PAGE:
They are going to bring him along very slowly. He hasn't played in over a month now, so they're going to want to make sure that they don't rush him physically. Plus they want to give him plenty of time to learn the system and what is expected of him. This move was made with the playoffs in mid.
Wait if he was trying to sign with a team why would he be out of shape? He should be staying in game shape. Reduces what little hope i had that hes serious about this.
This is the biggest problem I have with the mentality. But....This is Bynum backing up Roy going against Heats frontcourt. Not Bynum going against Roy and getting under Roy's skin.
I really want to see these two go at each other in practice.
I feel Seth is overreacting. But I feel like it is coming from too many are dismissing that this could be bad. The risk is not worth it. This isn't a Chris Anderson pickup. Bynum comes with more baggage with teams.
There are two sides to this coin. If he can help...then there is a likliehood that it might not. I think that West and the experience together is worth more than what Seth is dismissing. I mean come on: If tanking out to get a 13 pick is so much worse than getting the 8th seed because of the experience young players get....then maybe two hard fought series with the Heat means something when a risk is thrown their way.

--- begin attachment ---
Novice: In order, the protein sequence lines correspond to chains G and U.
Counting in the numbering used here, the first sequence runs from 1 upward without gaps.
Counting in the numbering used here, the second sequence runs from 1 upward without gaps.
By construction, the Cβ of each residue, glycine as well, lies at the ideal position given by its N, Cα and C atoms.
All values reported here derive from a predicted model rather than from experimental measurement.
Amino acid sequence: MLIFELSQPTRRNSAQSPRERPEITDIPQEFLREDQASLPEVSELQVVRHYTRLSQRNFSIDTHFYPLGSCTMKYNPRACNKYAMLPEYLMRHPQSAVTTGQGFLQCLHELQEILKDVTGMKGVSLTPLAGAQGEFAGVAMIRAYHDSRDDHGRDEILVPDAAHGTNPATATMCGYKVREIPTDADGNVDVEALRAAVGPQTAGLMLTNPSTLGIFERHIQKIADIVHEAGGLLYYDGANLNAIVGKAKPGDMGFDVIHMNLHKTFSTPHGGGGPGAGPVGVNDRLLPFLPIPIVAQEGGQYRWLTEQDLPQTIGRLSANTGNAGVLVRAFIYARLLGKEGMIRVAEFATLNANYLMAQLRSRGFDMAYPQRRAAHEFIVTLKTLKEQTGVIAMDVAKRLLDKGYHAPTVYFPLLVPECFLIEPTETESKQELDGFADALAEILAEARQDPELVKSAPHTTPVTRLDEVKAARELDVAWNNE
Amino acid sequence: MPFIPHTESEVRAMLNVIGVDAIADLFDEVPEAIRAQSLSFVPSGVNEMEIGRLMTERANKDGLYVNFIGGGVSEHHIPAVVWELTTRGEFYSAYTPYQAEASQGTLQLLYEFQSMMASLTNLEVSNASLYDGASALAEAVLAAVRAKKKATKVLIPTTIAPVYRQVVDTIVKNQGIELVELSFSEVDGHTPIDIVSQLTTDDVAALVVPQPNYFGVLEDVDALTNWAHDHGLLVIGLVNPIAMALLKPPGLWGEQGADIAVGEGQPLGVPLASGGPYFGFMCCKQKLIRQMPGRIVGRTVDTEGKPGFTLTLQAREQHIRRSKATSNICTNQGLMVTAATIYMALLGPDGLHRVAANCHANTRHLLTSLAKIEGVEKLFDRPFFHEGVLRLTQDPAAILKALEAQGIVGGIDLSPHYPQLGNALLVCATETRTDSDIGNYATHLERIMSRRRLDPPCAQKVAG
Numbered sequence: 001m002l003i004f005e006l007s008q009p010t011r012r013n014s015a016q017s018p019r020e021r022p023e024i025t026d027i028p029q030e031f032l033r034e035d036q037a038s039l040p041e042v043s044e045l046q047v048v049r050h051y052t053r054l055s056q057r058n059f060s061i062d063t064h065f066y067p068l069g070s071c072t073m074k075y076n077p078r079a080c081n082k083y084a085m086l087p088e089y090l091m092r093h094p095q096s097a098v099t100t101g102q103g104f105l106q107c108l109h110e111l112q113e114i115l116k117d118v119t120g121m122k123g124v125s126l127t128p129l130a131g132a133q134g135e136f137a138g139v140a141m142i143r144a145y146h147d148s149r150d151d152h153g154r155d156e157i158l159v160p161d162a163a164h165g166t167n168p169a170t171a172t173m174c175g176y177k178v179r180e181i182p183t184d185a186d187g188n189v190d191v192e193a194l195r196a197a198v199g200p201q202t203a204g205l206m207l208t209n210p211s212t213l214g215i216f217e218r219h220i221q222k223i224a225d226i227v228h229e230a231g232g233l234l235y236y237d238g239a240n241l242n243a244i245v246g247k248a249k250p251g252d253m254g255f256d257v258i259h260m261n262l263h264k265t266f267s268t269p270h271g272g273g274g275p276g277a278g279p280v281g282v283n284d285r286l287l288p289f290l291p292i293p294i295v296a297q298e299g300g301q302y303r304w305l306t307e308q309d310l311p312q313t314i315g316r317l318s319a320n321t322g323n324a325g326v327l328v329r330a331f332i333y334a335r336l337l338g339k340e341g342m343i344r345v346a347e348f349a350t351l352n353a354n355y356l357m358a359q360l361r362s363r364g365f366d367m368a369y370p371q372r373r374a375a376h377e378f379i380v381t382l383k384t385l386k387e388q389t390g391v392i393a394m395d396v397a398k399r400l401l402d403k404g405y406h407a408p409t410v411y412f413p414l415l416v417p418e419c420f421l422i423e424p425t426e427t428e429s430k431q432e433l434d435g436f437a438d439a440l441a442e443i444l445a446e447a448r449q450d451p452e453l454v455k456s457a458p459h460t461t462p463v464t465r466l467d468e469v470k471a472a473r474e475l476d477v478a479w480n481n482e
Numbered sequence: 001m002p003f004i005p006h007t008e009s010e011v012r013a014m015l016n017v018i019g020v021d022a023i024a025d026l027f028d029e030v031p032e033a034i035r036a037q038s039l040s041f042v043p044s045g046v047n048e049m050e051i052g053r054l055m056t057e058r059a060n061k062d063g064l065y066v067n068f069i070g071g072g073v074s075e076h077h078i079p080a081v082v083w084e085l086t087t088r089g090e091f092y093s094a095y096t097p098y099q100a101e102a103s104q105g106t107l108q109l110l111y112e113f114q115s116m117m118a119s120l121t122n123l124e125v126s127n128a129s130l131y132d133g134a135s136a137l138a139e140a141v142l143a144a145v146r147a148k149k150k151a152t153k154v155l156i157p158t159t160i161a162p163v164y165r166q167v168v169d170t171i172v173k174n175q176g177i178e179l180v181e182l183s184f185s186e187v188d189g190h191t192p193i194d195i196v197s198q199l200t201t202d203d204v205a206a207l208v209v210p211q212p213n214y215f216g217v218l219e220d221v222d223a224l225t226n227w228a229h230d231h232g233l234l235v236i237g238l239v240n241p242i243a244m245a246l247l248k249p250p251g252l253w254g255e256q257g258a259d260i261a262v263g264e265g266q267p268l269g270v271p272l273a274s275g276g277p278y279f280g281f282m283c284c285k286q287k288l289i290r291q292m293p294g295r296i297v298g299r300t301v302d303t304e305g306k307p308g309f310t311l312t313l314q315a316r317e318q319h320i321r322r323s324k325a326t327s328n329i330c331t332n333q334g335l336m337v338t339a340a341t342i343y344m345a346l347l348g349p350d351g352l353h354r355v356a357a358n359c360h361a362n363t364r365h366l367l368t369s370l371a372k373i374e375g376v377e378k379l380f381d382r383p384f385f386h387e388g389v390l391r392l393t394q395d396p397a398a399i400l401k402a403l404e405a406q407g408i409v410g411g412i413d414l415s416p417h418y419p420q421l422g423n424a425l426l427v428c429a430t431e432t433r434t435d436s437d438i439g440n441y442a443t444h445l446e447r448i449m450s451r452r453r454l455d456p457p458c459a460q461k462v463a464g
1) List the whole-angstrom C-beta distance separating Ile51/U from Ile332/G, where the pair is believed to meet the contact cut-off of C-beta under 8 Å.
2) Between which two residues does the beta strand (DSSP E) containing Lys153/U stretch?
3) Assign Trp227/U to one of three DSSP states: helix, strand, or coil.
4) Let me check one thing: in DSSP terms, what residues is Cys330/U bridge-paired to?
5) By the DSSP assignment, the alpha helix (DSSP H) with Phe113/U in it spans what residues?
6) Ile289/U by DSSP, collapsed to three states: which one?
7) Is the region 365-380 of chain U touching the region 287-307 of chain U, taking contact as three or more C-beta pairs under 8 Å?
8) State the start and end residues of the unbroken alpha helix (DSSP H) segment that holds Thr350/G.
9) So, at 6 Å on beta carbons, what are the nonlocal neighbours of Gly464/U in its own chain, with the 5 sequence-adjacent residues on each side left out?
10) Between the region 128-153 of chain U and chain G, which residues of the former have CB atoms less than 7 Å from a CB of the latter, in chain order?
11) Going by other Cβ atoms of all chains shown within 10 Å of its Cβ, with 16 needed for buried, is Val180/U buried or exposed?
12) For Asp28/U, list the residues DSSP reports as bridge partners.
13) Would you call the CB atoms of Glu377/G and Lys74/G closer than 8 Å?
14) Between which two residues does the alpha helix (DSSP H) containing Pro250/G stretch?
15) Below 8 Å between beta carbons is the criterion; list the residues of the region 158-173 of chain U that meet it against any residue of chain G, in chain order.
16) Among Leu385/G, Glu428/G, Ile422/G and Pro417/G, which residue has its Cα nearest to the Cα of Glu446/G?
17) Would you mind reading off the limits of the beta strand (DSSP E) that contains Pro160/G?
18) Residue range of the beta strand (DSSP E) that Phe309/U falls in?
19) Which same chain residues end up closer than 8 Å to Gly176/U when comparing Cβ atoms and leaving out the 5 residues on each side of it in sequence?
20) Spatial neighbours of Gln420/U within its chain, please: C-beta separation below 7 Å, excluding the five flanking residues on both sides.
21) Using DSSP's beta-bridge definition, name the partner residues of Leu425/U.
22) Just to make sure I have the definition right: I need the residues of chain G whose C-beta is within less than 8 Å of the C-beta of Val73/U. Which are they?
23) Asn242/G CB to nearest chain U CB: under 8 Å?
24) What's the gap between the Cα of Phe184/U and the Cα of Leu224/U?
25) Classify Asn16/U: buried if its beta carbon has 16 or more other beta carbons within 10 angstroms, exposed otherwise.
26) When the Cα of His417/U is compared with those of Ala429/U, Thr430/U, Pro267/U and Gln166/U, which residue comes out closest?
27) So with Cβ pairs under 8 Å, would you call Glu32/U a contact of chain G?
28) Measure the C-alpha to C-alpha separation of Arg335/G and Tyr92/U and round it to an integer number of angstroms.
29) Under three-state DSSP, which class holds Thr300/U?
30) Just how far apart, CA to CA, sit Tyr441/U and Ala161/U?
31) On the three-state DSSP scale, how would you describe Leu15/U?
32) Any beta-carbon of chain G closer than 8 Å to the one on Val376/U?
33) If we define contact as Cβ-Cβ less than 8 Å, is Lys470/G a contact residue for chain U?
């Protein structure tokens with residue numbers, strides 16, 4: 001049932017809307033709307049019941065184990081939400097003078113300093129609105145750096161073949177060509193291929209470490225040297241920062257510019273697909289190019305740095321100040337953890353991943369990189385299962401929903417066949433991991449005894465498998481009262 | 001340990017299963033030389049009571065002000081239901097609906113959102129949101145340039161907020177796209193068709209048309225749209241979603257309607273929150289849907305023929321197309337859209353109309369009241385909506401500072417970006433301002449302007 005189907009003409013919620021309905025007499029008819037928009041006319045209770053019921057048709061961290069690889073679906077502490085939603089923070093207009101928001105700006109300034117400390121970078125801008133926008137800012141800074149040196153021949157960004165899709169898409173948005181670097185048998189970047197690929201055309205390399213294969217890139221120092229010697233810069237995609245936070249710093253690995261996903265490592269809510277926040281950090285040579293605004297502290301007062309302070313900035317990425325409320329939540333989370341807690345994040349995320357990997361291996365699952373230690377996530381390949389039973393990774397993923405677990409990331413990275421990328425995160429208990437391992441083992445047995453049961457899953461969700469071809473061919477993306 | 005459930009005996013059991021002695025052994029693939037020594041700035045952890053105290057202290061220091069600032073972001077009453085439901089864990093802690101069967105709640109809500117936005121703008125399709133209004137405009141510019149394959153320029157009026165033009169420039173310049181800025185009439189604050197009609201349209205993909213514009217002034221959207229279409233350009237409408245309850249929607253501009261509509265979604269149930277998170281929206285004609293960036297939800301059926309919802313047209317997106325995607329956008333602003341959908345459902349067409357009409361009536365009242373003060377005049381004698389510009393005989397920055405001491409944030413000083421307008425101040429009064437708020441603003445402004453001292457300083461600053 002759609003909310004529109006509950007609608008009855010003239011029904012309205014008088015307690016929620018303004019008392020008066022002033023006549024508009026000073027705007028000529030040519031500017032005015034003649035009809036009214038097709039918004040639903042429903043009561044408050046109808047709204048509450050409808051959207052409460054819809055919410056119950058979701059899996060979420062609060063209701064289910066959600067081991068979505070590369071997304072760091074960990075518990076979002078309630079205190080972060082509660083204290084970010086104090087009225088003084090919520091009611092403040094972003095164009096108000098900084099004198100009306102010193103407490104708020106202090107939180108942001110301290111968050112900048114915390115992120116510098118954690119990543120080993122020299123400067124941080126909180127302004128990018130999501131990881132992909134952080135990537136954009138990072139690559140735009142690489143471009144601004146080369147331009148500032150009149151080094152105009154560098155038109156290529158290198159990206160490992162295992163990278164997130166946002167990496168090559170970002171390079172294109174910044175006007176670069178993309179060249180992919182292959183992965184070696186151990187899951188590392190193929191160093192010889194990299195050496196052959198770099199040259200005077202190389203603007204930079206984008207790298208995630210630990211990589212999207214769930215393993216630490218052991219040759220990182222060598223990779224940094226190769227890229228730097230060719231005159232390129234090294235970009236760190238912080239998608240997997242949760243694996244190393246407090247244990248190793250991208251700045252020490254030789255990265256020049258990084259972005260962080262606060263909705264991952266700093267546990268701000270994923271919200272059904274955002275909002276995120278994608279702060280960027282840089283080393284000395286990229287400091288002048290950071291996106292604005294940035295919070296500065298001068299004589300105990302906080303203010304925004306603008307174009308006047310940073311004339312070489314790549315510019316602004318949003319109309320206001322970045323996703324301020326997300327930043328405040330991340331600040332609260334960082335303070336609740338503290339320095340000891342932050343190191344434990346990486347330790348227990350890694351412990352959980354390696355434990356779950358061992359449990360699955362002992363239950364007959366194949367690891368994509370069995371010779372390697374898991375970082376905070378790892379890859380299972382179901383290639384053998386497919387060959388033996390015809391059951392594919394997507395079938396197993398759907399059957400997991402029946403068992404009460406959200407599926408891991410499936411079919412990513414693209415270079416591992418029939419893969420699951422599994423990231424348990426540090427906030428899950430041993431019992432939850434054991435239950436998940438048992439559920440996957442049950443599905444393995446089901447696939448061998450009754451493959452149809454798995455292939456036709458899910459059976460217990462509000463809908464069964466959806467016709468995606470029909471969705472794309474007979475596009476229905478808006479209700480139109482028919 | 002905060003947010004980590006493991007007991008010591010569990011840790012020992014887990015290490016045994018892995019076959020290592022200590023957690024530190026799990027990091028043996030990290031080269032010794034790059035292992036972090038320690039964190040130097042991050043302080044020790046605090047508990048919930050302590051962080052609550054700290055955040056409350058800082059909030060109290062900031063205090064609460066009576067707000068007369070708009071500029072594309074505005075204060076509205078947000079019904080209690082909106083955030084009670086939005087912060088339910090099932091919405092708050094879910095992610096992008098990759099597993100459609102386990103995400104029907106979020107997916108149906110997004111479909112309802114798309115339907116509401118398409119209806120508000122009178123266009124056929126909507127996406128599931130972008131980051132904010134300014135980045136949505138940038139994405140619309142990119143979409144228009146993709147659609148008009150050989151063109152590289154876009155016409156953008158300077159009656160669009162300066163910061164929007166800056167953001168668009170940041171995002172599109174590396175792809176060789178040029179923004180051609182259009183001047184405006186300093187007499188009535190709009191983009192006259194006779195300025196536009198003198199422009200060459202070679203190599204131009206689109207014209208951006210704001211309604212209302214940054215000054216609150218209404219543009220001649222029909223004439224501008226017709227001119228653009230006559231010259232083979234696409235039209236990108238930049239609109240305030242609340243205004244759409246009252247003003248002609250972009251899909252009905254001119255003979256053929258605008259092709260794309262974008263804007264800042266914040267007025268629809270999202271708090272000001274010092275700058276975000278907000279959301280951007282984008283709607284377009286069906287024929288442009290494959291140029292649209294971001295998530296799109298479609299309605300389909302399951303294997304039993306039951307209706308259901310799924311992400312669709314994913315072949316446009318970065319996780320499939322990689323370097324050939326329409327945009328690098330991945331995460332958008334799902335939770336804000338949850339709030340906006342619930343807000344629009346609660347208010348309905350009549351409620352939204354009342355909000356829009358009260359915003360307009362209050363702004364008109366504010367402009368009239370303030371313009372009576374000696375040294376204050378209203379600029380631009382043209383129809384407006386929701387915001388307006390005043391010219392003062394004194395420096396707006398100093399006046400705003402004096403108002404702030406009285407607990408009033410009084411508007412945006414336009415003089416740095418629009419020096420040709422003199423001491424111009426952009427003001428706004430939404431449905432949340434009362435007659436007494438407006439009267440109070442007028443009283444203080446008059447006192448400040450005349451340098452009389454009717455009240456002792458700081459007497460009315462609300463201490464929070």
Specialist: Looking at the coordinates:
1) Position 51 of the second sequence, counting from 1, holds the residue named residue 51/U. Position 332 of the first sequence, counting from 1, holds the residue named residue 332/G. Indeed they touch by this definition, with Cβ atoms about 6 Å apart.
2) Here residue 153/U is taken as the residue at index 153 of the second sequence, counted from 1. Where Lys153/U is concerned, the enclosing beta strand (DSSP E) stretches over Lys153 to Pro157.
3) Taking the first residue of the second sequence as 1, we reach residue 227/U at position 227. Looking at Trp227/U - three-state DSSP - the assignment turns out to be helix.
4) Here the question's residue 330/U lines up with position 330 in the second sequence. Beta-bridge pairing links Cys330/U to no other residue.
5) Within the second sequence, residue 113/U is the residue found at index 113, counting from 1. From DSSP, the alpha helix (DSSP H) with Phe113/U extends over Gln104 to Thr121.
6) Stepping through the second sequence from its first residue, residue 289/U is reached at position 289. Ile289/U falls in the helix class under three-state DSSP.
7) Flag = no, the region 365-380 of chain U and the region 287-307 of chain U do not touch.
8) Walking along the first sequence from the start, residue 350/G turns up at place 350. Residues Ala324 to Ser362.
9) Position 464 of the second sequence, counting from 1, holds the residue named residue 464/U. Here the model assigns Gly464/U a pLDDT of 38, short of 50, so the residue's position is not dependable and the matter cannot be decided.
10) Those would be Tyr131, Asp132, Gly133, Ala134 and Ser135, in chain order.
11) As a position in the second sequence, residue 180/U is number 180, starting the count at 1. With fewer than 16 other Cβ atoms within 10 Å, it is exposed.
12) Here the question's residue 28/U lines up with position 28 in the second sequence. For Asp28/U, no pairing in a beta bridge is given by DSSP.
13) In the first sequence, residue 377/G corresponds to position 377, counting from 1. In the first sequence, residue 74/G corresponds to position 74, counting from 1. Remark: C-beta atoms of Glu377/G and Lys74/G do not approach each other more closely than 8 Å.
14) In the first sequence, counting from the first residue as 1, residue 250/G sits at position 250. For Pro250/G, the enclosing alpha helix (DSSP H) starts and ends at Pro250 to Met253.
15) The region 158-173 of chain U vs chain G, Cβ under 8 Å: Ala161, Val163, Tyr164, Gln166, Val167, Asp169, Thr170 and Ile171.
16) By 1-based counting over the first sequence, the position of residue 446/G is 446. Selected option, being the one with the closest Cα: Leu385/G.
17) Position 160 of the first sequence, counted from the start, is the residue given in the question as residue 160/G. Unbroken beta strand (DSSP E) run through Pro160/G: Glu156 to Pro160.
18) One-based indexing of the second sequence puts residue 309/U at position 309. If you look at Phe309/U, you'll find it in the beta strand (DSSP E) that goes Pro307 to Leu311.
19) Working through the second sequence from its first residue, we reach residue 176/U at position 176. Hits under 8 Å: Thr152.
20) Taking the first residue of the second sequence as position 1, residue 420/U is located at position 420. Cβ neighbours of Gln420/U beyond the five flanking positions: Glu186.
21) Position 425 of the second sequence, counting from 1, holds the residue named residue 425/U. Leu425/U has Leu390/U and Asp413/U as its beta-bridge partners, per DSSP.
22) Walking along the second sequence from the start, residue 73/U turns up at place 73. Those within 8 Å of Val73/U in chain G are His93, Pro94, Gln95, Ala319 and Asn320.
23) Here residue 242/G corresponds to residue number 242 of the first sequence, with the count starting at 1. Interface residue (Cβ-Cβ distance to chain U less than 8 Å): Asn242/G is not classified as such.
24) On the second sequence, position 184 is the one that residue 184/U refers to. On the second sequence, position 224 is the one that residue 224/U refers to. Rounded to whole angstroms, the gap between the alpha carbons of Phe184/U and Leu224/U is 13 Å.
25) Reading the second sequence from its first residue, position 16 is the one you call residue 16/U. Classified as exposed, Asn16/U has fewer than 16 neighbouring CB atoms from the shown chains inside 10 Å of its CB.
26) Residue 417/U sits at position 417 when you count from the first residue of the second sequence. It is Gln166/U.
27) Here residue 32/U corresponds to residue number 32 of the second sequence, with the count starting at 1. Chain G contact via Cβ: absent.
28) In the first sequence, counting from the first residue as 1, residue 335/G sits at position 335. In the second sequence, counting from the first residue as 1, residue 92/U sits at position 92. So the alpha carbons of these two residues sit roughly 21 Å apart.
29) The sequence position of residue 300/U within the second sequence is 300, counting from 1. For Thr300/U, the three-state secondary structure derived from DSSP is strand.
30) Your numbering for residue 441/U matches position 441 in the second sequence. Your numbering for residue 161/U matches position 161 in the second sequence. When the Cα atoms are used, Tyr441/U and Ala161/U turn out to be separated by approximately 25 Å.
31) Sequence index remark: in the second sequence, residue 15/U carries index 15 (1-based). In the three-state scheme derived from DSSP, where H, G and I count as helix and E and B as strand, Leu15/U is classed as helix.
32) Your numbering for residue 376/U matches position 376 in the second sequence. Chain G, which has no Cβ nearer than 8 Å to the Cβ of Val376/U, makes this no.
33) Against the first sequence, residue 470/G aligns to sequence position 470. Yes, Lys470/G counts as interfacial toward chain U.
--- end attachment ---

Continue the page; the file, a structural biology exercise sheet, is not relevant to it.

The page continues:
These are my first comments on this move. This doesn't excite me nor does it make me angry. I don't think this will make any real difference in whether we win a championship or not. Way too many ifs with Bynum. Sure the risk is minimal, but I see the reward as marginal at best.
Bynum has not been in basketball shape for two seasons now, I doubt he is going to get into shape over the next few weeks.
At best he is a better backup than Ian and can provide some low post scoring off the bench playing 10-15 minutes per game. And sure there is some value in that, I don't see this as a game changer.
At worst he never gets into the regular rotation (for any number of reasons) and we are what we have been for for the first 46 games of the season.
Danny should definitely be getting 25 minutes every game, while either Lance of Paul playing over 36 minutes should be more of an exception than a common occurrence.
I'm not sure I am ready to make Danny the main focus of the bench offense. They force fed him some against the Nets, and it didn't working out very well. I do think his role does need to increase though.